Research Topics

Research Topic Examples

Non-Viral Gene Delivery

Currently, delivery of optogenetic genes utilizes AAVs (adeno-associated virus vectors) for gene transduction in neurons. These AAVs suffer from a number of limitations such as lack of economic scalability for clinical applications, limitations on maximum gene size, host immune response, disputed safety profile and the lack of stable transduction in the peripheral nervous system. Due to these limitations, we plan on exploring and testing non-viral vectors such as cationic polymers and liposomes as replacements for viral vectors for gene delivery in optogenetics Compared to AAVs, these non-viral systems offer high customizability for improved safety, gene loading, transfection efficiency and economic feasible scalability for gene delivery in neurons.

Sono-optogenetics

Over the past decade, optogenetics has increasingly become an important technology for neuroscience research and treatment of neurological disorders. One of the biggest challenges in optogenetics is the delivery of visible light for activation of opsins located in the neural systems. Traditionally, fiber optics would have to be implanted inside the brain due to the inability for photons to effectively penetrate the skull and tissue. We plan on working on mechanoluminescent nanoparticles that travel via circulatory system to be activated locally via focused ultrasound arising from outside the body, providing an optical source for optogenetic neuron modulation. This will provide an efficient, minimally invasive method to turn off and on neurons in regions of interest.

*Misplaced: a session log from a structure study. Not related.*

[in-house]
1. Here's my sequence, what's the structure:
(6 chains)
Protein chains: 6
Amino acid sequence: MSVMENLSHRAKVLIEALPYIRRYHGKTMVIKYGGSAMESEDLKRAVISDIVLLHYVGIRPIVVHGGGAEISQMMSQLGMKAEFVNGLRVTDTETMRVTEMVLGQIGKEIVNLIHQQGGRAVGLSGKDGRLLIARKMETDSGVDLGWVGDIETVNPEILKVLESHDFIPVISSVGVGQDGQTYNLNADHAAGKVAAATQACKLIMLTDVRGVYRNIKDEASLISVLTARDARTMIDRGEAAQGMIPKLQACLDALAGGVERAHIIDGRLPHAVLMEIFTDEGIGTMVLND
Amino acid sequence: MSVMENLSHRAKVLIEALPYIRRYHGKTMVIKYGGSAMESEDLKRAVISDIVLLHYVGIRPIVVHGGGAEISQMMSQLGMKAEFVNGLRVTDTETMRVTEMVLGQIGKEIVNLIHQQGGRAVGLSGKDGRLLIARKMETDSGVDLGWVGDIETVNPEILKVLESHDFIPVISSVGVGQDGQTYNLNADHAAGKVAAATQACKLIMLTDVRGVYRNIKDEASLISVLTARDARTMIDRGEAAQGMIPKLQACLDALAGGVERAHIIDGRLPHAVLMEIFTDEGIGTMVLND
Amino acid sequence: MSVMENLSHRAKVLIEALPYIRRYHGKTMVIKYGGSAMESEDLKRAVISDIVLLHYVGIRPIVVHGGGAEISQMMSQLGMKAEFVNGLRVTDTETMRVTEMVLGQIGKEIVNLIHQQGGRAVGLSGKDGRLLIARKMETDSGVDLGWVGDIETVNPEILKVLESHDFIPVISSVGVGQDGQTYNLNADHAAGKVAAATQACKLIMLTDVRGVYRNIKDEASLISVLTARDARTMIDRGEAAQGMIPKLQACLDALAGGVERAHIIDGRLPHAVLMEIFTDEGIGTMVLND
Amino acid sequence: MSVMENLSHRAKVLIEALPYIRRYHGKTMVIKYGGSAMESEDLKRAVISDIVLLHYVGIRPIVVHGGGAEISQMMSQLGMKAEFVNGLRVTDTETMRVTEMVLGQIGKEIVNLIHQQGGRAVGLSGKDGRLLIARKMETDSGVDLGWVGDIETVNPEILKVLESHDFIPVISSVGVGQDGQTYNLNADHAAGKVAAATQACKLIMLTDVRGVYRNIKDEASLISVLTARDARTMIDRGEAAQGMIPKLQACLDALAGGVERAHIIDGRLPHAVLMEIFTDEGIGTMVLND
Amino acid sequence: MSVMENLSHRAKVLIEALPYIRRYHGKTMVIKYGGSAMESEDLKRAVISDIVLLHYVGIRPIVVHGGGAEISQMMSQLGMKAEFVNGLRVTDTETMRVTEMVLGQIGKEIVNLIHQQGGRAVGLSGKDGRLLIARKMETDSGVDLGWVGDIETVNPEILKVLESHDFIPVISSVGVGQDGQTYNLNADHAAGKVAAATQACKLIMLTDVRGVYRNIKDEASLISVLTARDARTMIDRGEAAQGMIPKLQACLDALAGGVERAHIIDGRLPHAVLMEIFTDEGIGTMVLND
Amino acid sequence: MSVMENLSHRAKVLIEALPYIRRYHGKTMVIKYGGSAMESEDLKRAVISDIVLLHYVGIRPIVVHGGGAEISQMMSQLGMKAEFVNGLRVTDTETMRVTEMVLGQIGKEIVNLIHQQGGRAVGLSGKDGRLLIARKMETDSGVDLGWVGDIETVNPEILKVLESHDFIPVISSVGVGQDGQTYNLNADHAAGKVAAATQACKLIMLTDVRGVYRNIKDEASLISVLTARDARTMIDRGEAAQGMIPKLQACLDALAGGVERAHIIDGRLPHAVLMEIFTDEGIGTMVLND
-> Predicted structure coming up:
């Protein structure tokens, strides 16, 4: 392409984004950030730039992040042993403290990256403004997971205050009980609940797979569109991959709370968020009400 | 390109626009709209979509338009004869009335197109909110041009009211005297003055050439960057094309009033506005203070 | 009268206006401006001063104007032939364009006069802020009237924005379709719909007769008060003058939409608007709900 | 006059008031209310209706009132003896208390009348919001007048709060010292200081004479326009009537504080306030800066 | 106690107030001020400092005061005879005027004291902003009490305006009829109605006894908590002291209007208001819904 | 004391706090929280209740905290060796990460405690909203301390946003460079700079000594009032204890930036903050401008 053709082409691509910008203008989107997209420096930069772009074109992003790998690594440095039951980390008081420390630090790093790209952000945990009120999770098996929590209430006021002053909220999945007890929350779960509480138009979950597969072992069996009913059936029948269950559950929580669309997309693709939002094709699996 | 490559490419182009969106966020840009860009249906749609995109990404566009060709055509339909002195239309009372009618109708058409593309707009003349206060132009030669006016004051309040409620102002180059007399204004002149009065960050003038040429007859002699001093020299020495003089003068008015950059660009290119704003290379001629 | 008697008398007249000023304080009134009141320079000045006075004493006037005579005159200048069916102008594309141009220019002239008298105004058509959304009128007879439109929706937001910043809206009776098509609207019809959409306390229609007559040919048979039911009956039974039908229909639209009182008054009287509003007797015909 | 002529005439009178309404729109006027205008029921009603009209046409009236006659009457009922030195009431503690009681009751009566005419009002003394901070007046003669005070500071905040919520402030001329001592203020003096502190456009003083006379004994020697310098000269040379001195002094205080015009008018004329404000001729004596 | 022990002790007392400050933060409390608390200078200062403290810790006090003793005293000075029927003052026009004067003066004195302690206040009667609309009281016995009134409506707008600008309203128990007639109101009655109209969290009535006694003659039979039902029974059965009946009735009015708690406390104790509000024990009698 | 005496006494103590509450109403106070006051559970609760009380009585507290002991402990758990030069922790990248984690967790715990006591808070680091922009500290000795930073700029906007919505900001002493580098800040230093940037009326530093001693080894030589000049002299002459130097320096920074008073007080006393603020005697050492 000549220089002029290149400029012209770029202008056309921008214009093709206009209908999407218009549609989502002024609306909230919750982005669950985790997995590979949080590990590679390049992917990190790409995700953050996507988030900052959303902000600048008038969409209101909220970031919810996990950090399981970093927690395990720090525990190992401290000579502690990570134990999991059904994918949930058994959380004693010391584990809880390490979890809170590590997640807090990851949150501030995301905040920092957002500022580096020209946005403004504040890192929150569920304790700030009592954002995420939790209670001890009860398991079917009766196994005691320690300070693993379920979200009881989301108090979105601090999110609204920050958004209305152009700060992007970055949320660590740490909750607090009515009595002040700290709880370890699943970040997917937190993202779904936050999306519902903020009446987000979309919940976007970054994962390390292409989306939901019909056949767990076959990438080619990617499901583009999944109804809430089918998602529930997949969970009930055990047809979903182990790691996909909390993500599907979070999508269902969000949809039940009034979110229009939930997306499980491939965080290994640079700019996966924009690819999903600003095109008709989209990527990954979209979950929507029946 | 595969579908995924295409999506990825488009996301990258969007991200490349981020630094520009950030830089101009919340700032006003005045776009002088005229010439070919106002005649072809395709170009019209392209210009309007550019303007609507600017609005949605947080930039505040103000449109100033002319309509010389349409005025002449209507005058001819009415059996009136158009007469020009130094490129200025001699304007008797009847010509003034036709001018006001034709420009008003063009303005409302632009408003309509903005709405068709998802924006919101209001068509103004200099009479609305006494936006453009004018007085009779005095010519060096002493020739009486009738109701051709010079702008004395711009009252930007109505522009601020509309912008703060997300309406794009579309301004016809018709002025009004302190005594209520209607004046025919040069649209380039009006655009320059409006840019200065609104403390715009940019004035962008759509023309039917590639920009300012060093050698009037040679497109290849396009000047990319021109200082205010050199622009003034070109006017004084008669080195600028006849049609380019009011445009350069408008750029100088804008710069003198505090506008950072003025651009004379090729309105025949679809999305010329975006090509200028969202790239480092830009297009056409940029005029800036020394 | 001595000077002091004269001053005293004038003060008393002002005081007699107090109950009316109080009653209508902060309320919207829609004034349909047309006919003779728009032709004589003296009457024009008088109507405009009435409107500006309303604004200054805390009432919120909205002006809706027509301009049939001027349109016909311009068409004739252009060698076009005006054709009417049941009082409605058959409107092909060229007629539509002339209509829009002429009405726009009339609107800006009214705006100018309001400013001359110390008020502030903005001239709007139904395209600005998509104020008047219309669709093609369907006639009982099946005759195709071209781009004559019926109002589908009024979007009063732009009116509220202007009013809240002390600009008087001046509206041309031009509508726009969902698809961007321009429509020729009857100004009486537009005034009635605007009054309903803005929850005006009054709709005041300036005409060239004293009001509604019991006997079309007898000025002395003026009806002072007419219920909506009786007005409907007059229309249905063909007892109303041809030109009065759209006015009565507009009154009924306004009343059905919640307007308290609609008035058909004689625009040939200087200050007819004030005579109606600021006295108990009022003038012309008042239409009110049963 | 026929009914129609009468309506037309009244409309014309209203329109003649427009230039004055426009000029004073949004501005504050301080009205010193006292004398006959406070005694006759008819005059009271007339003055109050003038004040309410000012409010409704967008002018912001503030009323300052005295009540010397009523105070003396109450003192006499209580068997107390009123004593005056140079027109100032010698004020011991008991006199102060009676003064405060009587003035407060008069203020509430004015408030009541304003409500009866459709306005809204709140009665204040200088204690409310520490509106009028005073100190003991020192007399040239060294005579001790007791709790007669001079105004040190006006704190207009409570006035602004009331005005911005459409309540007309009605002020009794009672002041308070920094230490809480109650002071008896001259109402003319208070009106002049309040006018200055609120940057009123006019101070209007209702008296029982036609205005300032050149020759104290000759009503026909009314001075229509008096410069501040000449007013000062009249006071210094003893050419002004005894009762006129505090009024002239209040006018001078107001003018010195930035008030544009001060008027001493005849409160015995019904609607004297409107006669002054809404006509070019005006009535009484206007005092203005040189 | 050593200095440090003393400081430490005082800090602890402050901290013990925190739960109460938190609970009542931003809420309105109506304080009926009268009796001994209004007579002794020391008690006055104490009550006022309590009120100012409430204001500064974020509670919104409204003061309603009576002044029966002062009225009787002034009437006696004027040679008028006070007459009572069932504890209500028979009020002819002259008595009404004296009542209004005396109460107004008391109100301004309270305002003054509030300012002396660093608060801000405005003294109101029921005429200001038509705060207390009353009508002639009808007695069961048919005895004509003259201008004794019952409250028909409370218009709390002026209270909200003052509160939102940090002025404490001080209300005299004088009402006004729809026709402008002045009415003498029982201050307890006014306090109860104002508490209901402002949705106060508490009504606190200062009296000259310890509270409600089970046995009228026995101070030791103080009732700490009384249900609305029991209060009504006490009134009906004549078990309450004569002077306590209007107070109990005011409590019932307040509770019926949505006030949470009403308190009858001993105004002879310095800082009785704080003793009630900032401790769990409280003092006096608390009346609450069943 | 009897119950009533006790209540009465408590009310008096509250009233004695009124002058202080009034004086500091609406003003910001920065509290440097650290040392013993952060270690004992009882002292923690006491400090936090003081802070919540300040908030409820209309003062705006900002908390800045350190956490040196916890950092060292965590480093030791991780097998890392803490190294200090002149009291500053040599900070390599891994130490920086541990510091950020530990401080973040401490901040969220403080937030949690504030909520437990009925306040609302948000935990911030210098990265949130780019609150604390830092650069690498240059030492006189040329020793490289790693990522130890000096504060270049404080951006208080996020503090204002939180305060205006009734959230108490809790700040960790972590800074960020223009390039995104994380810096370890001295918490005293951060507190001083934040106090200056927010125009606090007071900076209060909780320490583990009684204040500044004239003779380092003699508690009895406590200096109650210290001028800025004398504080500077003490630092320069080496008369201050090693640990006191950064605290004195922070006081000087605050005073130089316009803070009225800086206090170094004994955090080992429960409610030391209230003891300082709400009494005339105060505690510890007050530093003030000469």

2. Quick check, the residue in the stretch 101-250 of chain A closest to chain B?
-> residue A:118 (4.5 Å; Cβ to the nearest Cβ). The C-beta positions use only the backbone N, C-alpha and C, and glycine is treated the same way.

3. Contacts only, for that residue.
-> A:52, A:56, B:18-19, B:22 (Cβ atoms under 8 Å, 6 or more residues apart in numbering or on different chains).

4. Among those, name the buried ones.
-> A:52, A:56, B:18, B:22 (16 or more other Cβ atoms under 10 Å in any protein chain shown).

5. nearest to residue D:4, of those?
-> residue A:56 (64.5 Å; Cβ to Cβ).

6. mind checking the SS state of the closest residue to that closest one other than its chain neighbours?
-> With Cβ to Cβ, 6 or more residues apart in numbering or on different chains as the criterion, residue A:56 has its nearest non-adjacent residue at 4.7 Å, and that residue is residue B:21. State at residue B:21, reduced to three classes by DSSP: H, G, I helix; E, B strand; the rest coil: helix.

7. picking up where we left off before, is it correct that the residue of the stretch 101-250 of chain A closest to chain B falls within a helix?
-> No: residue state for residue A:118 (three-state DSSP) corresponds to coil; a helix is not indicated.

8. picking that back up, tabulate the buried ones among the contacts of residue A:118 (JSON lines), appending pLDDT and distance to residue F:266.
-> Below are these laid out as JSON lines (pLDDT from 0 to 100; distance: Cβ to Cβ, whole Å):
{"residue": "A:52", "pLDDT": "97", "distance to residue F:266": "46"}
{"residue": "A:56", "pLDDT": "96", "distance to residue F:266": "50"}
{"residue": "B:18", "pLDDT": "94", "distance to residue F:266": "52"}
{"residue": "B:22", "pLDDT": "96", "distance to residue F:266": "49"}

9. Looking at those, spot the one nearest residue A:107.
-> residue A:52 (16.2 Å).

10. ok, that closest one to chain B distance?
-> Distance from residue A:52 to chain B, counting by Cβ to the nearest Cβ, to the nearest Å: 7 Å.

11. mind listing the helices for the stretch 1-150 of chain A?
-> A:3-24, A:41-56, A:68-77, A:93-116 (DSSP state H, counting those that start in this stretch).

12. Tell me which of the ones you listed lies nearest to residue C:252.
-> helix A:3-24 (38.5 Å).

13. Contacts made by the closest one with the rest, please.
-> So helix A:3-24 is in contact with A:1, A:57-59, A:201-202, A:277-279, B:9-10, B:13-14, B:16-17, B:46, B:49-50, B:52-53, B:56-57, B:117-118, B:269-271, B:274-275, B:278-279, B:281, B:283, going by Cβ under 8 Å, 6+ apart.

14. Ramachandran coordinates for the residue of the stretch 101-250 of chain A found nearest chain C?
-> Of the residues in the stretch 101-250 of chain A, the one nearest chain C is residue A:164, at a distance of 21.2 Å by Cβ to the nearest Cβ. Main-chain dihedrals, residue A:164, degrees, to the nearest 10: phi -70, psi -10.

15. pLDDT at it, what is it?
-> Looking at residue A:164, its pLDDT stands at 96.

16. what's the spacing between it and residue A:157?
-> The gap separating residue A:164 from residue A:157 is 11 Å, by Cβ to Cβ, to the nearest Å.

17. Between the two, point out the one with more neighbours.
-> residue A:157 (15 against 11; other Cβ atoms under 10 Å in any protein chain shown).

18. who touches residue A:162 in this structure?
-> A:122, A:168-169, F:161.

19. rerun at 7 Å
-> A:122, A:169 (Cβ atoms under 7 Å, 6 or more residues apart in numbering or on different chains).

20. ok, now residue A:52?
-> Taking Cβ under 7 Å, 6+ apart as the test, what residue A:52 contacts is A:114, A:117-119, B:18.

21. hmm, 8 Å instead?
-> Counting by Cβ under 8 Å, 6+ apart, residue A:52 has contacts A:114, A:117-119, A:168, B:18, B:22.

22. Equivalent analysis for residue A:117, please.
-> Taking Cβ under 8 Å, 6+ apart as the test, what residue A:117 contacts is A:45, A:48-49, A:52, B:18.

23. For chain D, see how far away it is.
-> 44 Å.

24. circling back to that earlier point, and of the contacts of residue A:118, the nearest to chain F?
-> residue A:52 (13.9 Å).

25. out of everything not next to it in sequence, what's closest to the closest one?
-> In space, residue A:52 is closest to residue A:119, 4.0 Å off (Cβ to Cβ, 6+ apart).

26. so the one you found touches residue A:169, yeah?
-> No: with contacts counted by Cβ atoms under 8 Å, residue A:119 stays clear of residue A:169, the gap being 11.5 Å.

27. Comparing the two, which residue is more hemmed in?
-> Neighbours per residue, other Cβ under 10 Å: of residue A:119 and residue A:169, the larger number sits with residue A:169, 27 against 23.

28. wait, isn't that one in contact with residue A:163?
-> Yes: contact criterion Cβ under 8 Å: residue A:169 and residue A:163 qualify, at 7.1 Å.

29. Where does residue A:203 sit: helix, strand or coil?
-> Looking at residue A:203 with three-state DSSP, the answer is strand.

Wearable EEG Devices

Electroencephalograph (EEG) has been widely used clinically for diagnostics of epilepsy and sleep disease but it requires complex wiring and measurement process. We are working on the wearable electroencephalograph (EEG) platform for long-term monitoring of brain activity. The field of wearable EEG sensors can be divided into two main parts: data acquisition and data analysis. For data acquisition, we will be developing novel EEG electrodes with features of high signal-to-noise ratio (SNR), high stability and good adhesion to meet the real-life EEG user cases. For data analysis, we will integrate the state-of-art algorithms and signal processing techniques into our platform for wearable applications.